This blog is authored by Simon Cheng, Founder of Hongkongers in Britain.
Although the wanted list does not come as a surprise to many in the Hong Kong community, the move is still symbolic as it marks the first time the national security police in Hong Kong have publicly issued arrest warrants with bounties attached for Hong Kong activists in exile.
I believe this act is an attempt by the Hong Kong authorities to please and satisfy their masters in Beijing through adequately commemorating the third anniversary of the imposition of the National Security Law in Hong Kong as well as the 26th anniversary of Britain’s handover of Hong Kong to China. The incident is a political show.
Nevertheless, the Hong Kong police are offering incentive, a HK$1 million bounty, to state-sponsored private actors amongst informant networks abroad to carry out extrajudicial surveillance and abduction on the Hong Kong Eight. The bounties demonstrate the far-reach of the extraterritoriality clause of the draconian National Security Law in Hong Kong like never before. In response to this outright example of transnational repression towards the Hong Kong diaspora worldwide, Hong Kongers in the UK, especially our exiled community members, should remain vigilant.
The potential risk and danger for those who are on the wanted list is apparent, but others who are not on the list may face even more danger as they could neglect to take pre-cautionary measures for their safety, while living and travelling abroad.
It seems to me as if the Hong Kong national security police are targeting the Hong Kong Eight for either vocally advocating for sanctioning Hong Kong officials, police officers, prosecutors and judges or vocally organising exiled groups that engage with government bodies in their respective countries. Unfortunately, I think the wanted list will only continue to expand. Perhaps it could become a ‘ritual’ that the Hong Kong authorities add to the wanted list year after year to mark the anniversaries of the imposition of the National Security Law and the handover of Hong Kong. This would routinely exert a chilling effect to the world while also justifying to Beijing that the Hong Kong government is ‘diligently working’ to suppress anything they deem to be dissident.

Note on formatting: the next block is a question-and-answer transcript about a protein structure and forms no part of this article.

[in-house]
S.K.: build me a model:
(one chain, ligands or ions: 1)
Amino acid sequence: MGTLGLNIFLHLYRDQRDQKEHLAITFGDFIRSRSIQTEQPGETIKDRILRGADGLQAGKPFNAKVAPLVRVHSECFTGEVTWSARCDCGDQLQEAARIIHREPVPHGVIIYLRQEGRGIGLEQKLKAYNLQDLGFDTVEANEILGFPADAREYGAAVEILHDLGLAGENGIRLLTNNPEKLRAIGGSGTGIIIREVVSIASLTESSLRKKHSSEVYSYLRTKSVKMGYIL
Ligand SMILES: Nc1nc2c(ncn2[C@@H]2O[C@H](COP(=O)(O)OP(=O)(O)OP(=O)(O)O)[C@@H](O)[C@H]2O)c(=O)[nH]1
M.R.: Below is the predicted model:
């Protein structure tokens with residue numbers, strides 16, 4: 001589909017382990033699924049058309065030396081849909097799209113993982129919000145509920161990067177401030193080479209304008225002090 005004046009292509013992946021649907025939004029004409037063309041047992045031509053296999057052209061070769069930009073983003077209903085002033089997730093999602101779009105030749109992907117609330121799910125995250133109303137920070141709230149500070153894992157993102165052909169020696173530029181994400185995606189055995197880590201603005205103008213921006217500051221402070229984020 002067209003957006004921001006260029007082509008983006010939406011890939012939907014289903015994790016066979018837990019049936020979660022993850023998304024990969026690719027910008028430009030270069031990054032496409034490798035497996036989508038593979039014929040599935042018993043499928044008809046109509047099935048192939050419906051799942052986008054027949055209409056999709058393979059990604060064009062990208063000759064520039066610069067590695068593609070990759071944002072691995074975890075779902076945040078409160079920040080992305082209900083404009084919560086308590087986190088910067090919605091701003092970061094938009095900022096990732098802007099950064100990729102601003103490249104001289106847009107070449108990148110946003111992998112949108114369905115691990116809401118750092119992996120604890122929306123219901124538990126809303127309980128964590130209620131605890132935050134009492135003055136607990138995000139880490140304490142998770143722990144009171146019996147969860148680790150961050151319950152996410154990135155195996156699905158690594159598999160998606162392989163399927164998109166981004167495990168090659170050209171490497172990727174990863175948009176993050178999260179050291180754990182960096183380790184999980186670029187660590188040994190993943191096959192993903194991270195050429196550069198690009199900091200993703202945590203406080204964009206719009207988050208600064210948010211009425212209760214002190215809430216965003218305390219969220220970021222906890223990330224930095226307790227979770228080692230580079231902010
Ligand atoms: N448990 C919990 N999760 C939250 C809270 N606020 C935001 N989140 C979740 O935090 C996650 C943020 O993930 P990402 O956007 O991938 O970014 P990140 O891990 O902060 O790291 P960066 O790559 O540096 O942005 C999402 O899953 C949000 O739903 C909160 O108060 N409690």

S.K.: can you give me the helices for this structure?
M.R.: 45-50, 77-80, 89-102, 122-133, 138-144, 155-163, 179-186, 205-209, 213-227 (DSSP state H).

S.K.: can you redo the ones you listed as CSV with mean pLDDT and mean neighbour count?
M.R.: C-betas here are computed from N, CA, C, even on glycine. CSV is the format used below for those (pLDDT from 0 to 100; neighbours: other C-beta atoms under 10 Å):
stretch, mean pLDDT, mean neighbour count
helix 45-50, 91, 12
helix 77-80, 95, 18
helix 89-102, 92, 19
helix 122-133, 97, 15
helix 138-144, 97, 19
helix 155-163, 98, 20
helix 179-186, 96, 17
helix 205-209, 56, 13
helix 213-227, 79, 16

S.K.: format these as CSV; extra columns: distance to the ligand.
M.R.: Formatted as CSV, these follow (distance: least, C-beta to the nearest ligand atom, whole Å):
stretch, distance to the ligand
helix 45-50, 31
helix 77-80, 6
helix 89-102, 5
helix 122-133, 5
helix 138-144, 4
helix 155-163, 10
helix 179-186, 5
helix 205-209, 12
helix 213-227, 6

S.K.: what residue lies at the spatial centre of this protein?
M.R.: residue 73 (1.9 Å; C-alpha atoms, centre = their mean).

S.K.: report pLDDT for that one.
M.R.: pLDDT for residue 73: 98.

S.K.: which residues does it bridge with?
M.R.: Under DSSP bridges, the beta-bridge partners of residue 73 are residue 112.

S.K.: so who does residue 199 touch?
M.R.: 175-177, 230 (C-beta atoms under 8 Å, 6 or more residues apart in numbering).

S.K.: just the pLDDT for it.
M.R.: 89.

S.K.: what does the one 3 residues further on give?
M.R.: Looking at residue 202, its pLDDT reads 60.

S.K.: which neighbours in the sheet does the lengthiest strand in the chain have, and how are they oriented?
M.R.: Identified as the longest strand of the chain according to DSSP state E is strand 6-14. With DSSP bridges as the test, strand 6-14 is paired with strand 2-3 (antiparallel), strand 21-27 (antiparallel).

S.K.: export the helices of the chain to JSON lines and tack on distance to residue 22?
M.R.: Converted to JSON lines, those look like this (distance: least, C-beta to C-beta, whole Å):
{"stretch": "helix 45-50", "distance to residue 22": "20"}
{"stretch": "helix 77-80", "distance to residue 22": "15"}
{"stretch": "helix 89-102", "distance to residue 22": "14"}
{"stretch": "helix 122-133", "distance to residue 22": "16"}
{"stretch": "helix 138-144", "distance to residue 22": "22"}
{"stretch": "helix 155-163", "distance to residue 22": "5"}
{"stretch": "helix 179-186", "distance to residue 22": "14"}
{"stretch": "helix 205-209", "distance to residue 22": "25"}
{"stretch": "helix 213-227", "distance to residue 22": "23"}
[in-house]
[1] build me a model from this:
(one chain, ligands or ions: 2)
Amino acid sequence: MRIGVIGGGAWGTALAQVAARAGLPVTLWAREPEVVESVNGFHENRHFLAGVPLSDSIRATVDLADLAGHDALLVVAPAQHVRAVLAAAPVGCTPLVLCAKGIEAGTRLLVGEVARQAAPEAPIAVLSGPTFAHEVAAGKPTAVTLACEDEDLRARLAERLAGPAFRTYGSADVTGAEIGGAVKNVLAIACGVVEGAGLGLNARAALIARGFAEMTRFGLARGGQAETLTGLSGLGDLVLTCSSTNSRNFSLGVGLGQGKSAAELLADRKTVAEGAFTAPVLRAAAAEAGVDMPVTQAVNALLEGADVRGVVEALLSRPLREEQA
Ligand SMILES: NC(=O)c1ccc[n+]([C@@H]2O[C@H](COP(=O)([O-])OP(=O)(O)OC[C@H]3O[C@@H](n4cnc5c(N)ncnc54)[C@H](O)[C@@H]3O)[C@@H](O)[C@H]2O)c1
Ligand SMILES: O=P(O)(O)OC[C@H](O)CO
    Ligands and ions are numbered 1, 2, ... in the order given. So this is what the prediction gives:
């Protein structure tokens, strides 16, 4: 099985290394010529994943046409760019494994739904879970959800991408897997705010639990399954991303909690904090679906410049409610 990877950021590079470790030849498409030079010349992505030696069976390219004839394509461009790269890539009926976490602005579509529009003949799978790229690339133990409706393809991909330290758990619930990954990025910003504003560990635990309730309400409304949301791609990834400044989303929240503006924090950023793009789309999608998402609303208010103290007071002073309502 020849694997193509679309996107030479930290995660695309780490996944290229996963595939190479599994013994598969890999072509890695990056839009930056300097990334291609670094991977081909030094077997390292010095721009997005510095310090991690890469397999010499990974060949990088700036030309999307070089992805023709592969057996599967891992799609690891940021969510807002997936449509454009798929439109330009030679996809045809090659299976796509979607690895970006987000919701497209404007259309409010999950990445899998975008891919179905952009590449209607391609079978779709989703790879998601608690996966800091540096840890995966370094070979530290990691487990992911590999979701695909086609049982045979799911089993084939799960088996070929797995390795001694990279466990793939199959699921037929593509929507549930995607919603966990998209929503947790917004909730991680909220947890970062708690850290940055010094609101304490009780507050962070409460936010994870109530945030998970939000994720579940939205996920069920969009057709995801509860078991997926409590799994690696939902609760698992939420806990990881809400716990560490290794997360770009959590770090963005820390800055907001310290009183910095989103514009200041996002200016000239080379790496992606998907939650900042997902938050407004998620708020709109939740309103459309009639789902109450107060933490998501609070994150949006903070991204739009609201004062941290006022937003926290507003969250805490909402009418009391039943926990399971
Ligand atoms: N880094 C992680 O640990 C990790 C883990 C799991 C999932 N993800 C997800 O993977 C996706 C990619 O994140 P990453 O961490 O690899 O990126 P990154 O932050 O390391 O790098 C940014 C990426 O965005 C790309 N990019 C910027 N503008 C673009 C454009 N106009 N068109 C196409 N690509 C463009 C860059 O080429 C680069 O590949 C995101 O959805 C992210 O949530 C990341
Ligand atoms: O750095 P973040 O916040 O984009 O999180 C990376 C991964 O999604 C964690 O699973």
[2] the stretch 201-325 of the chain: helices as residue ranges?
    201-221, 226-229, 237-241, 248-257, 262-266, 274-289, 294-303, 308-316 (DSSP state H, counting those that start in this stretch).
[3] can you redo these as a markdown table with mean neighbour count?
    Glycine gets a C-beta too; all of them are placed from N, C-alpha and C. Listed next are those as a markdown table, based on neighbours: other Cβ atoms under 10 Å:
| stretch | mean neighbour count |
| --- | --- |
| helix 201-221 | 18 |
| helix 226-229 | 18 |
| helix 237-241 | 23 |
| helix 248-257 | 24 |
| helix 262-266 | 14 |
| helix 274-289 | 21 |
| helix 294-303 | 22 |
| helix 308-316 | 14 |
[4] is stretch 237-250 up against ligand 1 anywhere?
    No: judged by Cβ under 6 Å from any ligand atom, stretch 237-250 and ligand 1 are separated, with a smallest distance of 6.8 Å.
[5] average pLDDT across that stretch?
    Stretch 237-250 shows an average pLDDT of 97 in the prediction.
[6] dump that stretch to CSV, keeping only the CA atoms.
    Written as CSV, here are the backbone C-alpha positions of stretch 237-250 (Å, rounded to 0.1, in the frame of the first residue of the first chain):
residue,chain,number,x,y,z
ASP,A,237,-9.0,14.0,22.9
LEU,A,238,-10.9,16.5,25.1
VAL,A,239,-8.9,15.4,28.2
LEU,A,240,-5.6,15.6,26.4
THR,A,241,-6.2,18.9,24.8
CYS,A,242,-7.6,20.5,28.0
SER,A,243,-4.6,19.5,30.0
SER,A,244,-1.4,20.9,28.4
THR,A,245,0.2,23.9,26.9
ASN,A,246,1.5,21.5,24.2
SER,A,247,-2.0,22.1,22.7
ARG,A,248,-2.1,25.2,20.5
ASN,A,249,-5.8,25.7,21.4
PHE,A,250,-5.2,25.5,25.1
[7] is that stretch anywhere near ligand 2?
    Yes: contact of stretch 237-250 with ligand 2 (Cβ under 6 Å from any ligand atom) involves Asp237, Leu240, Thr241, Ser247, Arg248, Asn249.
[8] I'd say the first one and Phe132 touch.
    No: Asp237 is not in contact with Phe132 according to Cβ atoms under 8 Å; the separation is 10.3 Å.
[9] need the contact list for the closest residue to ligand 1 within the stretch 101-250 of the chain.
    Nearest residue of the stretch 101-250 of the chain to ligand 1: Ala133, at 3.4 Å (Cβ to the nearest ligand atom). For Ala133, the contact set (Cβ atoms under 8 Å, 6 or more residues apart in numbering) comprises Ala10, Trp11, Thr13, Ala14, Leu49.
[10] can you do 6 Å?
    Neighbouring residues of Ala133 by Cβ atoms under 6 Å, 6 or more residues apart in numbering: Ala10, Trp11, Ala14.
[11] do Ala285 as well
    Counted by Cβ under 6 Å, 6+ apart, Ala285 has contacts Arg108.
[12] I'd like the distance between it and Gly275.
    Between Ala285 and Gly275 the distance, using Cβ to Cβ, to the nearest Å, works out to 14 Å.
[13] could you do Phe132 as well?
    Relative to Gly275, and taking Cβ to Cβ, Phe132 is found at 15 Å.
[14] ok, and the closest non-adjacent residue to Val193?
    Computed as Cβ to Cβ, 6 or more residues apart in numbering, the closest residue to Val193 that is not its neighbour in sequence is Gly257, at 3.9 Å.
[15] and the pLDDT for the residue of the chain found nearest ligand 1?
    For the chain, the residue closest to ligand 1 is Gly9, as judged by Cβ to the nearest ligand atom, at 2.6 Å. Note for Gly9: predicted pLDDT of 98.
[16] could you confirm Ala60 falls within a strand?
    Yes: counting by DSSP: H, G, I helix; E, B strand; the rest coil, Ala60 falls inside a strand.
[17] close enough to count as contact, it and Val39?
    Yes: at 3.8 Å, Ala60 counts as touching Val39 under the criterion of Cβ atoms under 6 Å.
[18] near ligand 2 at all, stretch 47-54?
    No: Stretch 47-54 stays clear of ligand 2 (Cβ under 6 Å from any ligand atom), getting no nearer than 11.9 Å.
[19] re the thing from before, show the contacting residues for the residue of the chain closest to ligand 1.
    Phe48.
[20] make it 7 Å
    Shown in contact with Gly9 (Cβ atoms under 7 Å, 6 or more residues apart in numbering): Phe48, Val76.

As my advocacy focuses on the Hong Kong community in Britain including human rights violations towards Hong Kongers in the UK domestic context, I have heard mixed reactions from Hongkongers in Britain in the past few weeks. Following the bounties, the recent physical assault by pro-Beijing students against Hongkongers in Southampton and the attack on Bob Chan in Manchester last year, Hongkongers are either more motivated to challenge the Chinese Communist Party in defence of universal human rights or they are bowing to pressure from the Hong Kong authorities for the sake of their personal or familial safety. Hongkongers in Britain is here to provide support to all Hongkongers alike.
We will continue to pay close attention to the extraterritorial reach of the National Security Law as it impacts Hongkongers in the UK. The bounties signal the tightening grip and aggression of the Hong Kong national security police force, which does not and should not have any jurisdiction in Britain. The British government should fulfil its special responsibility to Hong Kong by defending the Hongkongers on British soil and holding the Hong Kong authorities accountable for these repressive actions. No Hongkonger should be left behind.